Using Traditional UNIX Graphical Environments

UNIX-based operating systems have grown to include many environments for providing a graphical interface to users. The X Window System, also known as X11, is probably the most well known. As more specific needs have arisen, other architectures have been developed that assume an X11 implementation.

OS X does not use the X Window System by default, but implementations of X11 are available from Apple and from third-party developers. This means that X Window System–based applications can be run, as can many of the alternative UNIX-style graphical environments. This section gives more details on some of these environments.

If your application uses the X Window System you need to either port the user interface to a native OS X environment, provide an X Window System implementation with your application, or require that your users install the Apple X11 package (an installation option in the OS X installer beginning in OS X version 10.3).

If you are a commercial software developer or if your software will be used by traditional end users (including word processors, web browsers, and so on), you may want to consider porting to a native graphical environment instead of requiring X11. However, for internal tools or for tools with a specialized user base, it may be more reasonable to continue using X11. The sections in this chapter will help you decide how to choose an appropriate X11-based environment for your application.

Choosing a UNIX Graphical Environment

Many UNIX applications are designed using high-level widget toolkits such as Tcl/Tk, Motif (or OpenMotif or Lesstif), and Qt. These environments work well across many platforms. However, that cross-platform nature comes with a price in flexibility. In essence, to be cross-platform, they can only support capabilities that are generic to all of the potential operating environments, and as such, they tend to provide only the lowest common denominator in terms of functionality.

Such toolkits are often weak in areas such as performance and flexibility, and many do not allow precise control over how GUI elements are laid out.

If they provide everything you need, then they are good choices. Otherwise, a more flexible alternative such as raw Xlib programming, or a more Mac-tuned alternative such as Carbon or Cocoa may be more appropriate.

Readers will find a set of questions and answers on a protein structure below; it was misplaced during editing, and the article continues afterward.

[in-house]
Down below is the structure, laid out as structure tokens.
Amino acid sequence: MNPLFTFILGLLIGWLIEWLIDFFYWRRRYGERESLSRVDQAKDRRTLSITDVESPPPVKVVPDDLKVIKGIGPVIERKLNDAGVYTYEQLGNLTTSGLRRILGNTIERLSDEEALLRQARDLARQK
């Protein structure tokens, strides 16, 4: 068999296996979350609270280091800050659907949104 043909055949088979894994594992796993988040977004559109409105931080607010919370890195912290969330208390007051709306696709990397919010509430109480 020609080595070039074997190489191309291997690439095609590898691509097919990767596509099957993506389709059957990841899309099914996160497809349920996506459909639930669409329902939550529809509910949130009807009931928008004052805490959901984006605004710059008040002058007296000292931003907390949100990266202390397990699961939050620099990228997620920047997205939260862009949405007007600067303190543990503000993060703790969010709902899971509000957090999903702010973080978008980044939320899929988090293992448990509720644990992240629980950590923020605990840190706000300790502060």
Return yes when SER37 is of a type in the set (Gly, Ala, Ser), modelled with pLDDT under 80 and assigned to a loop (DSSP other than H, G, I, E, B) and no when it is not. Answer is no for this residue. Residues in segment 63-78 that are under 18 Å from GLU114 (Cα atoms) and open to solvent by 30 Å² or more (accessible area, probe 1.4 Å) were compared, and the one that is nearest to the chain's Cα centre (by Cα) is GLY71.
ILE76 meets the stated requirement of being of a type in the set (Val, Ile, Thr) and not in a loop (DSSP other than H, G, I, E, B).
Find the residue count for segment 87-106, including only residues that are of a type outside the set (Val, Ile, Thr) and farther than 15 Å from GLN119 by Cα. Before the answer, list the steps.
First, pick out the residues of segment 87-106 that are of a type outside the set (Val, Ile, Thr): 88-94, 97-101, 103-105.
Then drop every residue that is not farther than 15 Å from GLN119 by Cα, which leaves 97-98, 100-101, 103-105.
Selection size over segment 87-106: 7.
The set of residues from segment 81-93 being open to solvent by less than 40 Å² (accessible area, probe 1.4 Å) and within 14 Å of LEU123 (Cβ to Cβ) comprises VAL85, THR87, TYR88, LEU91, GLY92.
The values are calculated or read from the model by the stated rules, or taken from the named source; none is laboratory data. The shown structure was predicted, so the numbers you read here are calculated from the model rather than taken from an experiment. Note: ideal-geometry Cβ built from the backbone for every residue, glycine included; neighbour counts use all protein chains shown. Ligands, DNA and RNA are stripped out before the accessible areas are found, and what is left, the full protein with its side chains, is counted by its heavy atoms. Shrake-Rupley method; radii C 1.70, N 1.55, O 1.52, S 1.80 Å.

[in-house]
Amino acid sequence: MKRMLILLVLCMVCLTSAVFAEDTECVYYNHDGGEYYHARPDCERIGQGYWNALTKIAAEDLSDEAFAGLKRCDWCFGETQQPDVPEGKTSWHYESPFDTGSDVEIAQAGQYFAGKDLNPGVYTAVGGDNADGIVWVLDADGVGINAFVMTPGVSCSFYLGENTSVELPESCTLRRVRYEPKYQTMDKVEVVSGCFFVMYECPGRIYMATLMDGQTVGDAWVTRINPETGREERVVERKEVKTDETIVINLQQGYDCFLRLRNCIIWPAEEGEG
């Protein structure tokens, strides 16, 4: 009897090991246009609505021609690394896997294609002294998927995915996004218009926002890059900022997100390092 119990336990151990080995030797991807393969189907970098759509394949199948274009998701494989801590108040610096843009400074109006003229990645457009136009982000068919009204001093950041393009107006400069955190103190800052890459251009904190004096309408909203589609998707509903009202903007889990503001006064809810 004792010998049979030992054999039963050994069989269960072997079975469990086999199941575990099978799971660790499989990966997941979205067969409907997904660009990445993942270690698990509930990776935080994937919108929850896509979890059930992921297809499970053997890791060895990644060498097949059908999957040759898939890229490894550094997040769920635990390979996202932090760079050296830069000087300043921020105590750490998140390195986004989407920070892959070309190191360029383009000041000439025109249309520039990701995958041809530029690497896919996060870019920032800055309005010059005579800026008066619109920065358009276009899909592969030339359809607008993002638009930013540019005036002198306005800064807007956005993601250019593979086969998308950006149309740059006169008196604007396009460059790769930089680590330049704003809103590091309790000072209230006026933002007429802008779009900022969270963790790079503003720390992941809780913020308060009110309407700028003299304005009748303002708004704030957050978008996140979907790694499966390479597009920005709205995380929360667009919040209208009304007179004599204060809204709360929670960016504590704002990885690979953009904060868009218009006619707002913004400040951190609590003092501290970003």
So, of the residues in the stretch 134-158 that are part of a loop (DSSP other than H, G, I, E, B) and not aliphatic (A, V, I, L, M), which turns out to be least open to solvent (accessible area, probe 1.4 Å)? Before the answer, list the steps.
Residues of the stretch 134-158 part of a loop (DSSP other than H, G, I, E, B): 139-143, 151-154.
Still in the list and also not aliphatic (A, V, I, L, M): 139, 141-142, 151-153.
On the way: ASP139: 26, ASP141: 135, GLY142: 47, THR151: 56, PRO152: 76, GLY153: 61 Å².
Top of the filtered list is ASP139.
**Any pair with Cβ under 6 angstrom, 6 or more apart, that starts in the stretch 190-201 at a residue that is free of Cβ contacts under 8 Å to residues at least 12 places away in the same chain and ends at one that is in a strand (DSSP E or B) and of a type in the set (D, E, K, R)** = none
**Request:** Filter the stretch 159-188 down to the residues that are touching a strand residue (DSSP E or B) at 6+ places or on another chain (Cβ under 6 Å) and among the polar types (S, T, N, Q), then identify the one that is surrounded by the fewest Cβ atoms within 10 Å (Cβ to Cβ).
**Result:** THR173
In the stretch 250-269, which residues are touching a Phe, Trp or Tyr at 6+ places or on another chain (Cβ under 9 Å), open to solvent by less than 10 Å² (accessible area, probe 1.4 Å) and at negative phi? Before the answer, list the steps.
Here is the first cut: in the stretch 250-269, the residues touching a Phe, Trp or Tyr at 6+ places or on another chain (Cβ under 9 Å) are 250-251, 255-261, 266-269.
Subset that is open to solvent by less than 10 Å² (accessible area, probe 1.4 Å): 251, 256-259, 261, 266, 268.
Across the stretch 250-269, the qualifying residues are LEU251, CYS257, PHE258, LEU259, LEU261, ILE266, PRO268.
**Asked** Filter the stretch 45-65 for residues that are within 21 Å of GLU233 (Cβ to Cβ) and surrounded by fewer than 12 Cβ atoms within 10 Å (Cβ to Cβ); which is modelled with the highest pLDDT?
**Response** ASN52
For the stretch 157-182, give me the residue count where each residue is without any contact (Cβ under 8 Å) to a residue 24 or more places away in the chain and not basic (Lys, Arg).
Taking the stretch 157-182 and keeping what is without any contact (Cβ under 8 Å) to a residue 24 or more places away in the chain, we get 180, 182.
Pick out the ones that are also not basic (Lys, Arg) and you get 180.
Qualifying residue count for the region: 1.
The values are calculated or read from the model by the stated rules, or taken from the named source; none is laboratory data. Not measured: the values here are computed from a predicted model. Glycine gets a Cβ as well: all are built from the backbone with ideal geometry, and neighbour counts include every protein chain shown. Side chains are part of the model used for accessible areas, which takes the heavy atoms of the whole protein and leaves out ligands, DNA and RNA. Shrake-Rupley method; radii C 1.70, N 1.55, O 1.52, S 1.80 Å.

Other UNIX solutions exist for more extreme cross-platform environments. One example is MicroWindows, which is designed to allow ease of code sharing between X11 and Windows by implementing a subset of the Win32 graphics APIs on X11. Because this is really just an X11 application, it should be possible to use it on OS X. However, due to the amount of abstraction involved, such a solution will not perform as well as a native application.

If you are trying to design an application for such an environment, it is generally better to rearchitect your code to have multiple front-ends—one for Windows, one for OS X, and one for UNIX (X11). See (Re)designing for Portability for more information on creating a graphics abstraction layer.


OS X does not include an X11R6 implementation by default. If you are intent on only porting your application without adding any OS X functionality, you can still run X11 on OS X. Along with your application, you should instruct your users on how to install one.

The easiest way to get an X11 implementation is to install the Apple X11 implementation. Beginning in OS X v10.3, the X11 package is an optional installation that comes on the install DVD or CD.

For older versions of OS X (before v10.4), you can download X11 from

In addition, several other commercial and free alternatives exist.

XTools by Tenon Intersystems ( and eXodus from Powerlan USA both provide X11 servers that coexist with Aqua.

If you do not need a commercial implementation of X11, XFree86 offers a very robust free X11R6 implementation. The OS X version of XFree86 is an active project with integral support from the XQuartz (formerly XDarwin) project. More information on the XQuartz project including tips for installing X11 is available at XFree86 itself can be downloaded from

With an X Window System implementation, you are now free to use toolkits that you are already familiar with—for example, GTK+ or KDE.

Benefits of X11R6 Development

  • The de facto standard in display technology for UNIX-based operating systems

  • Open source implementation is available

  • Somewhat portable to certain embedded systems

Drawbacks of X11R6 Development

  • Complicated development environment

  • Requires substantial disk space for a full installation

  • Is not native to OS X. This means your application is treated as a second-class citizen to some extent, particularly in the areas of drag-and-drop and system services.


There is a native Aqua version of Tk available at With this you can easily add graphical elements to your existing Perl, Python, or Tcl scripts.

Benefits of Tk Development

  • Cross-platform development environment

  • Easily integrates with Tcl, Perl, and Python scripts

  • Open source implementation is available

Drawbacks of Tk Development

  • Not supported by default in OS X

  • As with most high-level toolkits, flexibility is limited